retail news in context, analysis with attitude

The New York Times has a story about concerns among Italian olive oil producers about legislation that is being considered there that "would tinker with the penalties for passing off counterfeit olive oil and its origin. If the decree passes, critics say, commercial fraud and counterfeiting would no longer be considered a criminal offense. Instead, it would be punished by a relatively light fine, effectively incentivizing the wrongdoing, the producers say."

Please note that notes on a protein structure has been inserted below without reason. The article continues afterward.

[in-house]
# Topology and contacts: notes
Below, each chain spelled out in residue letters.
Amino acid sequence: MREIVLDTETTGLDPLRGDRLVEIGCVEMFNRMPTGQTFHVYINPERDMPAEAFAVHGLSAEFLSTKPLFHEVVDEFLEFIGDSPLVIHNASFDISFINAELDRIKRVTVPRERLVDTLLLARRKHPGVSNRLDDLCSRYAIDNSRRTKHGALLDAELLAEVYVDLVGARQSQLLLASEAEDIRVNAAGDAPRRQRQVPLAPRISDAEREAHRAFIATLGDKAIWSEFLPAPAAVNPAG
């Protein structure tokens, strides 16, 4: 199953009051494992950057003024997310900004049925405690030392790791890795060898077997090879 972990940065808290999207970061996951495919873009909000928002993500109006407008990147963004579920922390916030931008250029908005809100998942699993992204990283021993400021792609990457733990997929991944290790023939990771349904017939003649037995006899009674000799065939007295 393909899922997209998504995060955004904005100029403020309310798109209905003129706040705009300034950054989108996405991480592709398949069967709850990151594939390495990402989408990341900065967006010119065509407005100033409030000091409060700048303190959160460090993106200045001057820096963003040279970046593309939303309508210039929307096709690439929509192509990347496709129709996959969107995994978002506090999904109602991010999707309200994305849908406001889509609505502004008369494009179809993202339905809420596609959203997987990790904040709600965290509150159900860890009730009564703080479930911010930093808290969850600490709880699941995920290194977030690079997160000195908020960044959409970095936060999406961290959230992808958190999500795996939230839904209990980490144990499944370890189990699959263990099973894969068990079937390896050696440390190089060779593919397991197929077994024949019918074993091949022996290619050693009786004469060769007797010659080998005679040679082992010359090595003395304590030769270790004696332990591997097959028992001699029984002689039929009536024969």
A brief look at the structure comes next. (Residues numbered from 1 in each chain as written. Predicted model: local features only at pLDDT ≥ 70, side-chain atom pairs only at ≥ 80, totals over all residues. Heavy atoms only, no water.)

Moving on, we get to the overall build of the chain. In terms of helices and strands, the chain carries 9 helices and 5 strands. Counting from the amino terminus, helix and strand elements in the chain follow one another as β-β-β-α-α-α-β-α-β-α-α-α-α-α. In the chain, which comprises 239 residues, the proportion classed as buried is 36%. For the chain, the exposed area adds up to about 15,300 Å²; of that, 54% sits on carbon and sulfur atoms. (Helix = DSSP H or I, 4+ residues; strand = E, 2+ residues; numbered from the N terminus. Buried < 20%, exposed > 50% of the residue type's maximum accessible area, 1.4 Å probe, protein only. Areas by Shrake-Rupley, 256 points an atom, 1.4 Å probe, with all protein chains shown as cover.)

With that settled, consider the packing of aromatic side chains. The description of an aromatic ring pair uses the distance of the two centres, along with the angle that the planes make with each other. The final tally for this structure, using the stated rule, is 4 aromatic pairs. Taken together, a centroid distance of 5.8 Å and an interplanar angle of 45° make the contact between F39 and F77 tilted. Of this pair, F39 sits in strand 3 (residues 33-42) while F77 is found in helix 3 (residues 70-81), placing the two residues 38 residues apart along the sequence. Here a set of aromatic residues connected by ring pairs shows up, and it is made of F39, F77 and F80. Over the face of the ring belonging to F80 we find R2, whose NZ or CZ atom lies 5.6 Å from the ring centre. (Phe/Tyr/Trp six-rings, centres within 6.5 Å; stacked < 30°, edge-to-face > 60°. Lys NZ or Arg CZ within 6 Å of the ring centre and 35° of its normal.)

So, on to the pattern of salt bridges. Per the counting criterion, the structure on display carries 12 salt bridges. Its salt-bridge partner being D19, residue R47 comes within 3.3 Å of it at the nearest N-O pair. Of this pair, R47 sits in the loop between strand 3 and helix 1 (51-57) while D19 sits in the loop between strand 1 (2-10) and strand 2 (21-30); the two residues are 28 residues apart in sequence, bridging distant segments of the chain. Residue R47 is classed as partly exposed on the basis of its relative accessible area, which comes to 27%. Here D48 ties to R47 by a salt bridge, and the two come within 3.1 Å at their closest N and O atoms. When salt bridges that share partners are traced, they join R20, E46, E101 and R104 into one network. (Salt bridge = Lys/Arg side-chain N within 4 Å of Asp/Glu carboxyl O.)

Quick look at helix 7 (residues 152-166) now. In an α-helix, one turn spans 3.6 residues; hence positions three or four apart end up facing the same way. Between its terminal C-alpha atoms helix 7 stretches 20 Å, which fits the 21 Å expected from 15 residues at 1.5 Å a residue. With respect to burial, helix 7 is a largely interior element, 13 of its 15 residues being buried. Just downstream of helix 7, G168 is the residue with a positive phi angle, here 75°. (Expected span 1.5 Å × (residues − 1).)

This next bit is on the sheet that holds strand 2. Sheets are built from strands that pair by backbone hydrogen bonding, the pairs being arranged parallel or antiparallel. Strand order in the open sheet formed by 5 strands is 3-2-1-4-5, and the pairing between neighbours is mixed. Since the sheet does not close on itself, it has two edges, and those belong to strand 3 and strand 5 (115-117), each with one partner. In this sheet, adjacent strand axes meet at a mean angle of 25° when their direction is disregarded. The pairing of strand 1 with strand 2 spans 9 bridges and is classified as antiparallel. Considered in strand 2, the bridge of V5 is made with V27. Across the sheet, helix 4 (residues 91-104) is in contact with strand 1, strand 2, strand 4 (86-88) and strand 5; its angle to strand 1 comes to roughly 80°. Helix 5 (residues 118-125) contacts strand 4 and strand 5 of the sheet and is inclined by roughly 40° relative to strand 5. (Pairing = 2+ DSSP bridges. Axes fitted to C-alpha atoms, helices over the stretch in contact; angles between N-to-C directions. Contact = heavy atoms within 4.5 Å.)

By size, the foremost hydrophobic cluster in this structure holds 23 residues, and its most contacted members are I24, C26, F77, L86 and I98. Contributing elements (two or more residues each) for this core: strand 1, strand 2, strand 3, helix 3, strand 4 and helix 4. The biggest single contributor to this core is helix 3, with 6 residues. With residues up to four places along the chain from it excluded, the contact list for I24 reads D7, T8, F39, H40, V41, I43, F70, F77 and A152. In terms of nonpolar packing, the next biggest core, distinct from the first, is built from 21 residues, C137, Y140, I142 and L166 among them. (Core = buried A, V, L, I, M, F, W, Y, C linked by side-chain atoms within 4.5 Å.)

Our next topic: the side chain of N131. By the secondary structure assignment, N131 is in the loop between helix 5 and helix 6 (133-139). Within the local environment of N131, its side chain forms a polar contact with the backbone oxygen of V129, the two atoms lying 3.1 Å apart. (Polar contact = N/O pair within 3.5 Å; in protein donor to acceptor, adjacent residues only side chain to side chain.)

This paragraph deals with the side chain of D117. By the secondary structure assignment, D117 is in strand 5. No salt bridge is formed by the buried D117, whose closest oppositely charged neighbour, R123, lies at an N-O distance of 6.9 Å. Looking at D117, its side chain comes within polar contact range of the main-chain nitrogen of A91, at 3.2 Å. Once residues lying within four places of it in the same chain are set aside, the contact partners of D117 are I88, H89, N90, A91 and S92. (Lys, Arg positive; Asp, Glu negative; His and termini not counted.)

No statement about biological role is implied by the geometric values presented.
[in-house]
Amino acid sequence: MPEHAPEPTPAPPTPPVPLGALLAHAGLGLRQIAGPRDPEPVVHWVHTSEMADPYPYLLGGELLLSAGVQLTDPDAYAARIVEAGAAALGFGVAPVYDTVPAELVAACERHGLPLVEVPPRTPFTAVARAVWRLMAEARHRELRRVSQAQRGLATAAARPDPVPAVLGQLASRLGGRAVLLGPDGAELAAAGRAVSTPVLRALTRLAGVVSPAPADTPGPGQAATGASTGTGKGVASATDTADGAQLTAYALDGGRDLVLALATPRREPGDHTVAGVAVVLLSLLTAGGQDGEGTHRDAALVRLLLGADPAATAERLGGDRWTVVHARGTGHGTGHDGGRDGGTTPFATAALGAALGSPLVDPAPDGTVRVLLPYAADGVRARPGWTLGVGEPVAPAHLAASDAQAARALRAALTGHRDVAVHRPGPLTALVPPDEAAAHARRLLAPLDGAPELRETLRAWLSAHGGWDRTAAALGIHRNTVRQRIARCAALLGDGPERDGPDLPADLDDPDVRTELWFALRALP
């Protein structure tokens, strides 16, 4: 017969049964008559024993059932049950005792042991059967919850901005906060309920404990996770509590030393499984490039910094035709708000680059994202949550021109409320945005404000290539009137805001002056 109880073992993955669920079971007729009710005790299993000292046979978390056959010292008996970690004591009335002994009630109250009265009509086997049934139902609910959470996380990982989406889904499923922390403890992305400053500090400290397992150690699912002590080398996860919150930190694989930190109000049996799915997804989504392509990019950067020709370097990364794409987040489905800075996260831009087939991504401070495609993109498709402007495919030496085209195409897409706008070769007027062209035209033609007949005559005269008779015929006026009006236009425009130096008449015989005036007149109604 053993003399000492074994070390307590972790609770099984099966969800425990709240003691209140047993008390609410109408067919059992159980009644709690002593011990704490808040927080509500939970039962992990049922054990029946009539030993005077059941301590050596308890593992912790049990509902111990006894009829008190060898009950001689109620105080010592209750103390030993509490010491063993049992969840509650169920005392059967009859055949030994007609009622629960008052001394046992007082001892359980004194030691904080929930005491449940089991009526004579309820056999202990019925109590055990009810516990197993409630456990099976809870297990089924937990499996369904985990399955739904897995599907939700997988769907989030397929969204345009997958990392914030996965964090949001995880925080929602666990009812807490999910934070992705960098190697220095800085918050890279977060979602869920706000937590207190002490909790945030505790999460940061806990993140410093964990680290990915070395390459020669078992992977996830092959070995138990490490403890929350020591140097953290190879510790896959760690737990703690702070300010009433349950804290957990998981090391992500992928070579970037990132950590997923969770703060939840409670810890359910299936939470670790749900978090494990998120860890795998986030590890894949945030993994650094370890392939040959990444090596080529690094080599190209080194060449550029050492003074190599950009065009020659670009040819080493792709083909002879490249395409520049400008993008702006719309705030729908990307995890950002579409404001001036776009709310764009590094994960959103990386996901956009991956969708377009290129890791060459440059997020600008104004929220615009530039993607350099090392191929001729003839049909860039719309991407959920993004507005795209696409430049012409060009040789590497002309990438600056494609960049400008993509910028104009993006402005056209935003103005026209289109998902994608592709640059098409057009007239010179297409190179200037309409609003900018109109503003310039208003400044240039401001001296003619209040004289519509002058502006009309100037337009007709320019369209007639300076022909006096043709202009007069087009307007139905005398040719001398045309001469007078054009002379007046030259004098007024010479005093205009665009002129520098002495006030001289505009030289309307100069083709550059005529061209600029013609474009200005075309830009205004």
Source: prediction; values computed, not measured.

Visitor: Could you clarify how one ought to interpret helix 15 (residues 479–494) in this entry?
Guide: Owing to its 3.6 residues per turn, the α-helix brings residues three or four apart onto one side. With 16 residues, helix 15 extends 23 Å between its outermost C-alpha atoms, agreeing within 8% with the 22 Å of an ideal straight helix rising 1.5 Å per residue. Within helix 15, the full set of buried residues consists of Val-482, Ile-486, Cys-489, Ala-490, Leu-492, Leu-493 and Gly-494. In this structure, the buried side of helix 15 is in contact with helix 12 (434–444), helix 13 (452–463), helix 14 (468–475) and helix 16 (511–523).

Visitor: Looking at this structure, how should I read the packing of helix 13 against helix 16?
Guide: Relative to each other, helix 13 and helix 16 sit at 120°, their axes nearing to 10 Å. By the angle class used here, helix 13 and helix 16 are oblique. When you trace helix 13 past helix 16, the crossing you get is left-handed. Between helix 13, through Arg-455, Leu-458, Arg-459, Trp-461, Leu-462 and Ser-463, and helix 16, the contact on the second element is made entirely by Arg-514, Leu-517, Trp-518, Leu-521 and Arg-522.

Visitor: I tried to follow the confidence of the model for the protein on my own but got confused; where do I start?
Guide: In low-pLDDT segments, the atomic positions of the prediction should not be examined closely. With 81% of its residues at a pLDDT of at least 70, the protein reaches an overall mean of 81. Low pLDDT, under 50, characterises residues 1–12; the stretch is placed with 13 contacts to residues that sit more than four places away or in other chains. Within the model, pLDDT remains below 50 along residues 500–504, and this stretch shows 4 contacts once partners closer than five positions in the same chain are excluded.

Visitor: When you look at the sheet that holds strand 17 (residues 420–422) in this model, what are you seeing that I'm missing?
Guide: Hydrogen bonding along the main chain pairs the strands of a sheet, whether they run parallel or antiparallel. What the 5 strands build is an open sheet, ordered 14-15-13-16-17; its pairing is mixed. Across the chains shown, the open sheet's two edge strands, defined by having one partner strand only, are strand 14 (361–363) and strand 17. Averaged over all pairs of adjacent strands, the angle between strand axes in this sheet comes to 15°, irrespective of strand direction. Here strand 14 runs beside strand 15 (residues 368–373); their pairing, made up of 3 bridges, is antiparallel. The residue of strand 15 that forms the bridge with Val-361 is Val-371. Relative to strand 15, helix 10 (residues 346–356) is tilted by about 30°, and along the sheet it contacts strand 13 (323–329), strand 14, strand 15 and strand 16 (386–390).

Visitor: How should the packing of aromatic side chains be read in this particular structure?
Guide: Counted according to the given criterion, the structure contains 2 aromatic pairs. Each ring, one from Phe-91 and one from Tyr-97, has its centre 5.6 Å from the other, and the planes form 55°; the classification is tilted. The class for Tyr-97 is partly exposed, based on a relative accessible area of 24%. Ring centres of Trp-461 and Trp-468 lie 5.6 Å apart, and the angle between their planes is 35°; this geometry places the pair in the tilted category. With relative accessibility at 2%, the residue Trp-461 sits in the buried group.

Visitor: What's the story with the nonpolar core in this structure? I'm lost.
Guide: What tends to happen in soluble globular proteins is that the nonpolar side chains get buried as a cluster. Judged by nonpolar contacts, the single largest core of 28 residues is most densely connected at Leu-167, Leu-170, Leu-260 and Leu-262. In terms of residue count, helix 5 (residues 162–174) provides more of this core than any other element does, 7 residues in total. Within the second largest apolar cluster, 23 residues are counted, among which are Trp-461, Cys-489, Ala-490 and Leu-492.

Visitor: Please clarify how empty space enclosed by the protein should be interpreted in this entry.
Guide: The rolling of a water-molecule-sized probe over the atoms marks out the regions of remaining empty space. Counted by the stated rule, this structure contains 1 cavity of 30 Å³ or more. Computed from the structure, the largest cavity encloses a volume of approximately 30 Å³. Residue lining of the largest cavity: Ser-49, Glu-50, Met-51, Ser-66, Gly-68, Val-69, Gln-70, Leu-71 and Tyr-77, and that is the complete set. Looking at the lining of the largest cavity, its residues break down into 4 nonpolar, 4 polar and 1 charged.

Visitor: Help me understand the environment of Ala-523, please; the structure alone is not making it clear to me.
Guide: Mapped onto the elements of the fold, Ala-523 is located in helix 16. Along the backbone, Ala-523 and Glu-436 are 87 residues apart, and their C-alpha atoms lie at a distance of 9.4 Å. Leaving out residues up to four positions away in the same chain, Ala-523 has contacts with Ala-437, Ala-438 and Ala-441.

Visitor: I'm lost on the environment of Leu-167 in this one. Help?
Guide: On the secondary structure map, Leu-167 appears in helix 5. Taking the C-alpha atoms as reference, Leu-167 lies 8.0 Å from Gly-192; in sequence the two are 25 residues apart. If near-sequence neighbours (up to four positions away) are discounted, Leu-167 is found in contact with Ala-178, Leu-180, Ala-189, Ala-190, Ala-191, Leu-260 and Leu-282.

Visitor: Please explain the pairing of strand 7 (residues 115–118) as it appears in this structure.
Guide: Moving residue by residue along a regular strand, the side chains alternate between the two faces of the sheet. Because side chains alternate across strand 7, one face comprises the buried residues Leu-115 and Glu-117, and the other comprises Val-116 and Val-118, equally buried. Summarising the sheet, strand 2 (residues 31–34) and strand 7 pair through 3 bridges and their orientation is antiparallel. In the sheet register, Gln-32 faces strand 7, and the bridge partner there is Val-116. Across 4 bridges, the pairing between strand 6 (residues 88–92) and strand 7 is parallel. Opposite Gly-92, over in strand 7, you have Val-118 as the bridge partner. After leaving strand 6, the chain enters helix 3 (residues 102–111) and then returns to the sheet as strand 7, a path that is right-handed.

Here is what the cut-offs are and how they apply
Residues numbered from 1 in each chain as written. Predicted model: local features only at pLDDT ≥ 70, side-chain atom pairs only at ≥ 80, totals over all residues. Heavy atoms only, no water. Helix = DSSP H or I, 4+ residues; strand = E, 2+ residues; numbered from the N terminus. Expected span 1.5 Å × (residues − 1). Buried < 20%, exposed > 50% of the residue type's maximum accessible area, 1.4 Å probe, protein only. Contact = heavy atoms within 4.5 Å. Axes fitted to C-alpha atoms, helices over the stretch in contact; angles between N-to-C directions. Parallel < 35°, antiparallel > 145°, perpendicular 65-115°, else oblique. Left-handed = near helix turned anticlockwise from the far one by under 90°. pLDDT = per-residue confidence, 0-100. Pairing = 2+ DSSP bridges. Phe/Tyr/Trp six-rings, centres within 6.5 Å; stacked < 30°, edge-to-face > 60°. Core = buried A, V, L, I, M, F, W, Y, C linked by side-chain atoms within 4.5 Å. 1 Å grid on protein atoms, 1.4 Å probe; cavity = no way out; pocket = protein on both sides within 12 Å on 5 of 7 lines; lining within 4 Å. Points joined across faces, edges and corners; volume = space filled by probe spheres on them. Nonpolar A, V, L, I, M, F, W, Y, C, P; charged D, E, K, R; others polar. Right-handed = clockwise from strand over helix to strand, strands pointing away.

But ... the Times also says that "like so many things in Italy, the truth of the matter is as murky as just-pressed olive oil itself, while the controversy is sizzling."

It is an intriguing story, and you can read it in its entirety here.
KC's View:
There have been so many questions raised in recent years about the quality of olive oil, and whether people are actually getting what they are paying for, that I think this story raises a lot of relevant issues. My general feeling is that laws that create loopholes for industry are not, in the long run, doing industry any favors. All they do is allow companies to cut corners in ways that are not fair to shoppers ... and that eventually comes back to bite those companies in critical anatomical places.